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Is there an association between increased risk and worse survival outcomes in patients with head and neck cancer and a history of hematologic malignant tumors?
In a study of 30 939 656 patients, prior hematologic malignant tumors were associated with the development of head and neck cancer at multiple subsites; 2-year and 5-year overall survival rates were also worse among patients with a history of hematologic malignant tumors for several head and neck cancer subsites.
The findings suggest that patients with hematologic malignant tumors are at higher risk of developing head and neck cancers and that overall survival may be worse for patients with head and neck cancer and a history of hematologic malignant tumors.
More than 1.3 million people in the United States have a hematologic malignant tumor currently or in remission. Previous studies have demonstrated an increased risk of secondary neoplasms in patients with hematologic malignant tumors, but research specifically on the risk of head and neck solid tumors in patients with prior hematologic malignant tumors is limited.
To examine a possible association between prior hematologic malignant tumors and risk of head and neck cancer and to assess the overall survival (OS) among these patients.
Design, Setting, and Participants
This retrospective analysis used the Veterans Affairs (VA) Corporate Data Warehouse (CDW) to identify patients with diagnoses of hematologic malignant tumors and head and neck cancers. All patients in the VA CDW with a birthdate between January 1, 1910, and December 31, 1969, were included, for a cohort of 30 939 656 veterans. Data analysis was performed from August 15, 2018, to January 31, 2019.
Outpatient problem lists were queried for diagnoses of hematologic malignant tumor and associated malignant tumors using International Classification of Diseases, Ninth Revision (ICD-9) and International Statistical Classification of Diseases and Related Health Problems, Tenth Revision (ICD-10) codes to categorize patients by history of hematologic malignant tumors.
Main Outcomes and Measures
Presence of head and neck cancer was determined from ICD-9 and ICD-10 codes of outpatient problem lists, and cancers were grouped by subsite. The OS was determined from date of death or last outpatient visit date.
Of 30 939 656 patients (27 636 683 [89.3%] male; 13 971 259 [45.2%] white), 207 322 patients had a hematologic malignant tumor, of whom 1353 were later diagnosed with head and neck cancer. A history of hematologic malignant tumors was significantly associated with overall aerodigestive tract cancer, with a relative risk (RR) of 1.6 (95% CI, 1.5-1.7), as well as oral cavity (RR, 1.7; 95% CI, 1.5-1.9), oropharynx (RR, 1.7; 95% CI, 1.5-1.9), larynx (RR, 1.3; 95% CI, 1.2-1.5), nasopharynx (RR, 2.8; 95% CI, 2.1-3.9), sinonasal (RR, 3.0; 95% CI, 2.2-4.1), salivary gland (RR, 2.8; 95% CI, 2.4-3.3), and thyroid (RR, 2.1; 95% CI, 1.9-2.4) tumors on subsite analysis. A prior hematologic malignant tumor was also negatively associated with 2-year and 5-year OS for multiple subsites.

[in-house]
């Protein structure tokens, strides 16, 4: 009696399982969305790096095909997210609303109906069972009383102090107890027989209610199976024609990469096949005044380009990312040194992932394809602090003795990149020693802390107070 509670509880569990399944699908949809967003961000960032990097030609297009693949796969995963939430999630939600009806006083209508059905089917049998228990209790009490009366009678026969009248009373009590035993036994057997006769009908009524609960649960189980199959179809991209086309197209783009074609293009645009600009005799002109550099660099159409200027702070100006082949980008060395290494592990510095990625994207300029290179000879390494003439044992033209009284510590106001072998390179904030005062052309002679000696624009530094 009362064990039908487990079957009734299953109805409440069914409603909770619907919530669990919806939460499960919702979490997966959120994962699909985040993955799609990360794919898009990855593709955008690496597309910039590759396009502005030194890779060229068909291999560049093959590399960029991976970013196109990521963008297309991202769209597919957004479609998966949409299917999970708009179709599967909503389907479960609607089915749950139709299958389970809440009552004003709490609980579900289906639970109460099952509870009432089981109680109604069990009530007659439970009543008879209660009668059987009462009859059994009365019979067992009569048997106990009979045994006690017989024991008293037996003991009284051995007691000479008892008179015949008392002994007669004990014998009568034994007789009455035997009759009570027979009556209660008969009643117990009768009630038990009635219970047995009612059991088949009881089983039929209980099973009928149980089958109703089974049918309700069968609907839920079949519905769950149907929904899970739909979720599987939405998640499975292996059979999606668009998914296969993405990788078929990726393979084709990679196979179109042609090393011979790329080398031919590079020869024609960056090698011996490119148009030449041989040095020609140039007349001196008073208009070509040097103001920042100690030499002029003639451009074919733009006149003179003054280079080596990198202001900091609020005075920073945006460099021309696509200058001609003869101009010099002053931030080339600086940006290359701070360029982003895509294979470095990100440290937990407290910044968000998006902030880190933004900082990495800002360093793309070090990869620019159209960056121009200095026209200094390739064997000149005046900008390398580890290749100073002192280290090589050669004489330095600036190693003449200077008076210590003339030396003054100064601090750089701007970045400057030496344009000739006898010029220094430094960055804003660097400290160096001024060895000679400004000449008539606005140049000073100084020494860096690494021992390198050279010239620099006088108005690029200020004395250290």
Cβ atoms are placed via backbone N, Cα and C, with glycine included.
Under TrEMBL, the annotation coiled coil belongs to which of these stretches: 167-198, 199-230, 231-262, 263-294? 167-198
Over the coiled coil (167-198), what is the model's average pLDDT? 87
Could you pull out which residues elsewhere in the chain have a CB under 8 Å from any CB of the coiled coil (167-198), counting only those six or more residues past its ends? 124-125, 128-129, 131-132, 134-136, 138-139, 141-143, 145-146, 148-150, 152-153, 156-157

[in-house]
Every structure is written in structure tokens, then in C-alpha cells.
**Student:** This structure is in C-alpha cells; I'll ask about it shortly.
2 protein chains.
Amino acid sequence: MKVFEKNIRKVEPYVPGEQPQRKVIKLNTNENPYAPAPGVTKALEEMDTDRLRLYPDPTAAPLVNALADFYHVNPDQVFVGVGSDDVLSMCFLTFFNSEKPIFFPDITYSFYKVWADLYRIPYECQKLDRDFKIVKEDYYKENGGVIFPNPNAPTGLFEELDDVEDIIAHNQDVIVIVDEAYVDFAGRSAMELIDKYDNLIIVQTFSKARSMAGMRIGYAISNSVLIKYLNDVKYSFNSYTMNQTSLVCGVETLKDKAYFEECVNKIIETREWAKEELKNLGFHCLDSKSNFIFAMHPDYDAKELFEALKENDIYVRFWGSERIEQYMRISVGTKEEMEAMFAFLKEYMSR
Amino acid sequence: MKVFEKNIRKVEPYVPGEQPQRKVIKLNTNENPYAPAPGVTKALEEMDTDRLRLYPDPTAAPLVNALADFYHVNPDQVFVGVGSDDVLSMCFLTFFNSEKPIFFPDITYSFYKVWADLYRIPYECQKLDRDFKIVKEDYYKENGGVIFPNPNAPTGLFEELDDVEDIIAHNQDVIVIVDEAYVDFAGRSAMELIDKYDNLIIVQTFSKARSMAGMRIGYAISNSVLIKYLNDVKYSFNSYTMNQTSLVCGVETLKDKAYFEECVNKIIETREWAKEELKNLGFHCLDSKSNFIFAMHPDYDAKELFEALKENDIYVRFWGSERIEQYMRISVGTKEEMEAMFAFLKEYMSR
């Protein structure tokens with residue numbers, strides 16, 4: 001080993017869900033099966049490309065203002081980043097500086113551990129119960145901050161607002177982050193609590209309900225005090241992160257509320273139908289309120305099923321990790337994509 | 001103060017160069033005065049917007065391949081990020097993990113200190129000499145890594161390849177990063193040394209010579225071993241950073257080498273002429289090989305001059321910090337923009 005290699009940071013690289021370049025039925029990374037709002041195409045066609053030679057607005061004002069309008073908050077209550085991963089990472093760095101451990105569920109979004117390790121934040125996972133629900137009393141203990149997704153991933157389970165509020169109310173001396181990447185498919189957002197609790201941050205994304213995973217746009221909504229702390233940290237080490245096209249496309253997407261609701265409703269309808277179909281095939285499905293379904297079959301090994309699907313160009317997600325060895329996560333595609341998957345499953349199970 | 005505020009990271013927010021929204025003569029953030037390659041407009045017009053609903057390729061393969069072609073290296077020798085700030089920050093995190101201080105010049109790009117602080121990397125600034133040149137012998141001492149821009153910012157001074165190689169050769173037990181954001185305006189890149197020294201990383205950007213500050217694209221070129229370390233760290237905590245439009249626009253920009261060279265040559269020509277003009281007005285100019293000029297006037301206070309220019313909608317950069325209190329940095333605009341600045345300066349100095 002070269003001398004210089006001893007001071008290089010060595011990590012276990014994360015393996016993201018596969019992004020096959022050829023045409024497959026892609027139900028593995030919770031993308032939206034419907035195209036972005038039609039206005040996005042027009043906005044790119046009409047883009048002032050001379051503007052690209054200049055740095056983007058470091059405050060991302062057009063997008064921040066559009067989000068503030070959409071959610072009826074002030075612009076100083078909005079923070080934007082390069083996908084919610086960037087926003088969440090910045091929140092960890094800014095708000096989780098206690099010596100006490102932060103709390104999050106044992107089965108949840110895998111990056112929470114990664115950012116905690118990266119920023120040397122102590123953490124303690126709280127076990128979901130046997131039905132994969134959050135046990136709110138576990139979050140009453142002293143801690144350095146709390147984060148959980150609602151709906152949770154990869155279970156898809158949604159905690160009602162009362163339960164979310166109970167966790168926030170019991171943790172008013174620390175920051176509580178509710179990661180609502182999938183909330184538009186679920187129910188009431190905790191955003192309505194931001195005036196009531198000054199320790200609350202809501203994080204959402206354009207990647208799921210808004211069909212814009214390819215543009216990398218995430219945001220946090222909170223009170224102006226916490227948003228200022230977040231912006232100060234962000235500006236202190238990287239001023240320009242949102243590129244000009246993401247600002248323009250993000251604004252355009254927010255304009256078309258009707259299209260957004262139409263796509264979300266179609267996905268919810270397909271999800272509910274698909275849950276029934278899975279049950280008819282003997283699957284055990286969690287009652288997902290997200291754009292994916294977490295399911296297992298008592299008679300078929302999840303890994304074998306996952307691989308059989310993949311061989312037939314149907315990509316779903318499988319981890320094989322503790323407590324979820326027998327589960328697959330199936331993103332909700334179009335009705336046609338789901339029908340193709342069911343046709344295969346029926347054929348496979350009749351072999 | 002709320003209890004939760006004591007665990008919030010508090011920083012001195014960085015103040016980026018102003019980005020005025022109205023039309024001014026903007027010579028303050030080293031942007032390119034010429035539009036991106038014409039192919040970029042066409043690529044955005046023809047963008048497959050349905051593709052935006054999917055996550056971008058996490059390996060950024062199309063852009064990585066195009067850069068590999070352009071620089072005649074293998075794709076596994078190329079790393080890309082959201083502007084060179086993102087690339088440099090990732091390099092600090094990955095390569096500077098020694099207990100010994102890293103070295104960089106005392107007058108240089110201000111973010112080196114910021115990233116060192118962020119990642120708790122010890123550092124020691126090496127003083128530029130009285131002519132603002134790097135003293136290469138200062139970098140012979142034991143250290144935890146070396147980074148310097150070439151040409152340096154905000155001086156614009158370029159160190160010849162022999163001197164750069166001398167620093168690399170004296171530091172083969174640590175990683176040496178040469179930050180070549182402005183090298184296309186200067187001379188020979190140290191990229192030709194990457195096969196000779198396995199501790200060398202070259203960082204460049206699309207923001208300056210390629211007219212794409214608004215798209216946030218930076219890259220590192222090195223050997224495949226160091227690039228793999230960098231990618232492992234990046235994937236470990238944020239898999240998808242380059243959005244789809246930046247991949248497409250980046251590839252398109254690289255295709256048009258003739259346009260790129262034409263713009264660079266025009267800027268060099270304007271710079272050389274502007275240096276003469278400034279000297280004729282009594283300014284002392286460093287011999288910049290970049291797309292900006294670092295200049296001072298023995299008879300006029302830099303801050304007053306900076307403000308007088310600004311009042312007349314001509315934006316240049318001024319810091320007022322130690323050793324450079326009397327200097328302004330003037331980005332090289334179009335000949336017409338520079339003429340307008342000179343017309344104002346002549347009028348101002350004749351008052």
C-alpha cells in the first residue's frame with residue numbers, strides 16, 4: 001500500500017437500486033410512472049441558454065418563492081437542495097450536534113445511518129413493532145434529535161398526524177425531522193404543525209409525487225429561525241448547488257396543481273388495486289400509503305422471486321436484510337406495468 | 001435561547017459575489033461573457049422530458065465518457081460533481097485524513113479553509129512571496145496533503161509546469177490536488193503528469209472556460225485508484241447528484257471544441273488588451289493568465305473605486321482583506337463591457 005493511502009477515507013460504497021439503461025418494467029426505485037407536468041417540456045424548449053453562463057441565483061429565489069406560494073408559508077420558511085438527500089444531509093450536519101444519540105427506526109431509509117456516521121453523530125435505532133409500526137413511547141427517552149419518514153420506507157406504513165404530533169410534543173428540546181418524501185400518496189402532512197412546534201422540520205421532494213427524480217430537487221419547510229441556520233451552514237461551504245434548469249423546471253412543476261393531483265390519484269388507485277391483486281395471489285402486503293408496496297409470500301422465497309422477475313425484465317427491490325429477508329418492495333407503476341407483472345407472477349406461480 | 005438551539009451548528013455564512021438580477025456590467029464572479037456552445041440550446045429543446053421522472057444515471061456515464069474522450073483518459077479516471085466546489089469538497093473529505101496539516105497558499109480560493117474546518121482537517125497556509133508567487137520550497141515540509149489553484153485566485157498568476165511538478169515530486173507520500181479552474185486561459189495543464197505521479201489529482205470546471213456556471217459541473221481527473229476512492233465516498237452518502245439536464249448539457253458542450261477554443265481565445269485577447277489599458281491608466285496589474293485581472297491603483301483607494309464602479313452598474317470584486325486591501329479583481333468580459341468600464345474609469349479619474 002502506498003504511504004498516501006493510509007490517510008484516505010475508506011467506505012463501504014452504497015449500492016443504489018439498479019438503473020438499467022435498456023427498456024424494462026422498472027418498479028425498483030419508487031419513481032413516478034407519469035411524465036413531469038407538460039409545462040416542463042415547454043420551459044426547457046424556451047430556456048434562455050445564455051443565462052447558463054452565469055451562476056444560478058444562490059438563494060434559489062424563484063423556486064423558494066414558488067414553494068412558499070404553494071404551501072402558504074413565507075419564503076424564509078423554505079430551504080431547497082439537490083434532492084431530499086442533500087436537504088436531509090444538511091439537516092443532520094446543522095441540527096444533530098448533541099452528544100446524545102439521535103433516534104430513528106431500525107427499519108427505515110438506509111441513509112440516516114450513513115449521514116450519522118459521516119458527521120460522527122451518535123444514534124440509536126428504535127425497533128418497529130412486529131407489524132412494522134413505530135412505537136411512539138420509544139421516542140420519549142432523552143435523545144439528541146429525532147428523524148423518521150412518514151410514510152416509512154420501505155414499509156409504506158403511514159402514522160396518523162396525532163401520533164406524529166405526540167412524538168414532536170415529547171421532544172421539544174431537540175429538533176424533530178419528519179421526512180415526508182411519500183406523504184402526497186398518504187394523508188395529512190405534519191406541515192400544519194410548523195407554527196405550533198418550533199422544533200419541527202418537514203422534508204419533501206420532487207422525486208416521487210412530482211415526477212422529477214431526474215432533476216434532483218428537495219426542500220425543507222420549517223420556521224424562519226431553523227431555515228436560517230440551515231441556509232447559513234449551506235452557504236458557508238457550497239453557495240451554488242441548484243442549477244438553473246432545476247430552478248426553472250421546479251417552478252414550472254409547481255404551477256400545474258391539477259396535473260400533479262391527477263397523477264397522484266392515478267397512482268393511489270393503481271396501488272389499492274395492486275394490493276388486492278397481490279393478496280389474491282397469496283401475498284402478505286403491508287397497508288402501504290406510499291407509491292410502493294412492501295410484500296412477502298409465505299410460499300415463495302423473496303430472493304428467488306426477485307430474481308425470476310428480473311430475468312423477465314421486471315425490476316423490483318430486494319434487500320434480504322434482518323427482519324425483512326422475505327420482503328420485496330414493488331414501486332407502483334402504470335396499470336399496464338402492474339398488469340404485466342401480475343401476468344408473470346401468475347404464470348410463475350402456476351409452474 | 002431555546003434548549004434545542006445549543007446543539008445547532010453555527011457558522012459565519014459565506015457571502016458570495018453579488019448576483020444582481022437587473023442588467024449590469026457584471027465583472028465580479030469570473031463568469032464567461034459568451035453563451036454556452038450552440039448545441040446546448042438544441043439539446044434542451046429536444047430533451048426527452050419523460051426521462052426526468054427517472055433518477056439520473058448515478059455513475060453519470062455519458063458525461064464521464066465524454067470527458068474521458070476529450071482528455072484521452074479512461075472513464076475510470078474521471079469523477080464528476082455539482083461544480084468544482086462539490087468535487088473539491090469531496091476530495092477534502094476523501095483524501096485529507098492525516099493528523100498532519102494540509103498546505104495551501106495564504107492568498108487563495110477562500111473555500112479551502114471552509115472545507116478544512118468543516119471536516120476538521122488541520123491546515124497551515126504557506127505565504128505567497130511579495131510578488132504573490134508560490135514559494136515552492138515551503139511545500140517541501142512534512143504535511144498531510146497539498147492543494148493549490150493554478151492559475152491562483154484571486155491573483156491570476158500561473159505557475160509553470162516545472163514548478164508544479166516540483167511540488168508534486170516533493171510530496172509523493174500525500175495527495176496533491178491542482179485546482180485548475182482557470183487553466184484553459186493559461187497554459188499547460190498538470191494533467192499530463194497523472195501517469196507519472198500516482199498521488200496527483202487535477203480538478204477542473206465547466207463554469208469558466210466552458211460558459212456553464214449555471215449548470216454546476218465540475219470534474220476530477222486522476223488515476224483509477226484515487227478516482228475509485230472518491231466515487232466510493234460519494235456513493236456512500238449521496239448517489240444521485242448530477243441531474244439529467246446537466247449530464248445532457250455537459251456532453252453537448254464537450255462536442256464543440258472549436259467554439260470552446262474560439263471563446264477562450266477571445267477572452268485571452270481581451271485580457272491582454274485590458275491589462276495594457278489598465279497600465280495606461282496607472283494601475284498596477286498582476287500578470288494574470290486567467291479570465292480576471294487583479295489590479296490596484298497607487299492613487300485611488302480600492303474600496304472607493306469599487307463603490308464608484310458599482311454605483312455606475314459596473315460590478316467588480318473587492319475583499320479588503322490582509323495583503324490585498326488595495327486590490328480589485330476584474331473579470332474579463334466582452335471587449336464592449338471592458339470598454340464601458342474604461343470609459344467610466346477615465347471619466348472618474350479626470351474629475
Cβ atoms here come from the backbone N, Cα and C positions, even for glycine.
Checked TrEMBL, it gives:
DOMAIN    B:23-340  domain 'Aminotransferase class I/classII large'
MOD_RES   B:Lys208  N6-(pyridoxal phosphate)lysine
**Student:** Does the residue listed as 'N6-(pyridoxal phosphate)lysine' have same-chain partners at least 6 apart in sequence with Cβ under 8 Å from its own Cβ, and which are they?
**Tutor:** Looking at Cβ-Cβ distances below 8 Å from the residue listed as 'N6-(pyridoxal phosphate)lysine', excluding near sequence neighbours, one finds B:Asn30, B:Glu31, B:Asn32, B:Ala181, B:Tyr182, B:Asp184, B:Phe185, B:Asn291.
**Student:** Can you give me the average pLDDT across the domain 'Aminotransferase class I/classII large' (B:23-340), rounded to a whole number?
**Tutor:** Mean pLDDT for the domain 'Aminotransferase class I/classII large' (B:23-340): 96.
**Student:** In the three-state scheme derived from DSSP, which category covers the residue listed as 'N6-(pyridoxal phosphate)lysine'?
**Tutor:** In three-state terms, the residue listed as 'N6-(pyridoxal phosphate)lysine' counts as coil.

Conclusions and Relevance
A prior diagnosis of hematologic or associated malignant tumors was associated with an increased risk of solid head and neck cancers in a range of subsites. In addition, for several head and neck cancer subsites, patients with prior hematologic malignant tumors had worse 2-year and 5-year OS. These results indicate that a prior hematologic malignant tumor may be an adverse risk factor in the development and progression of head and neck cancer.
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Accepted for Publication: April 2, 2019.
Corresponding Author: Daniel Clayburgh, MD, PhD, Department of Otolaryngology–Head and Neck Surgery, Oregon Health and Science University, 3181 SW Sam Jackson Park Rd, Mail Code PV01, Portland, OR 97239 (email@example.com).
Published Online: May 2, 2019. doi:10.1001/jamaoto.2019.1012
Author Contributions: Drs Mowery and Clayburgh had full access to all the data in the study and take responsibility for the integrity of the data and the accuracy of the data analysis.
Concept and design: All authors.
Acquisition, analysis, or interpretation of data: All authors.
Drafting of the manuscript: Mowery, Clayburgh.
Critical revision of the manuscript for important intellectual content: All authors.
Statistical analysis: Mowery, Clayburgh.
Administrative, technical, or material support: Conlin.
Supervision: Conlin, Clayburgh.
Conflict of Interest Disclosures: Dr Clayburgh reported receiving grants from Abbvie Inc outside the submitted work. No other disclosures were reported.
Meeting Presentation: This article was presented in part at the Annual Meeting of the American Head and Neck Society; May 2, 2019; Austin, Texas.
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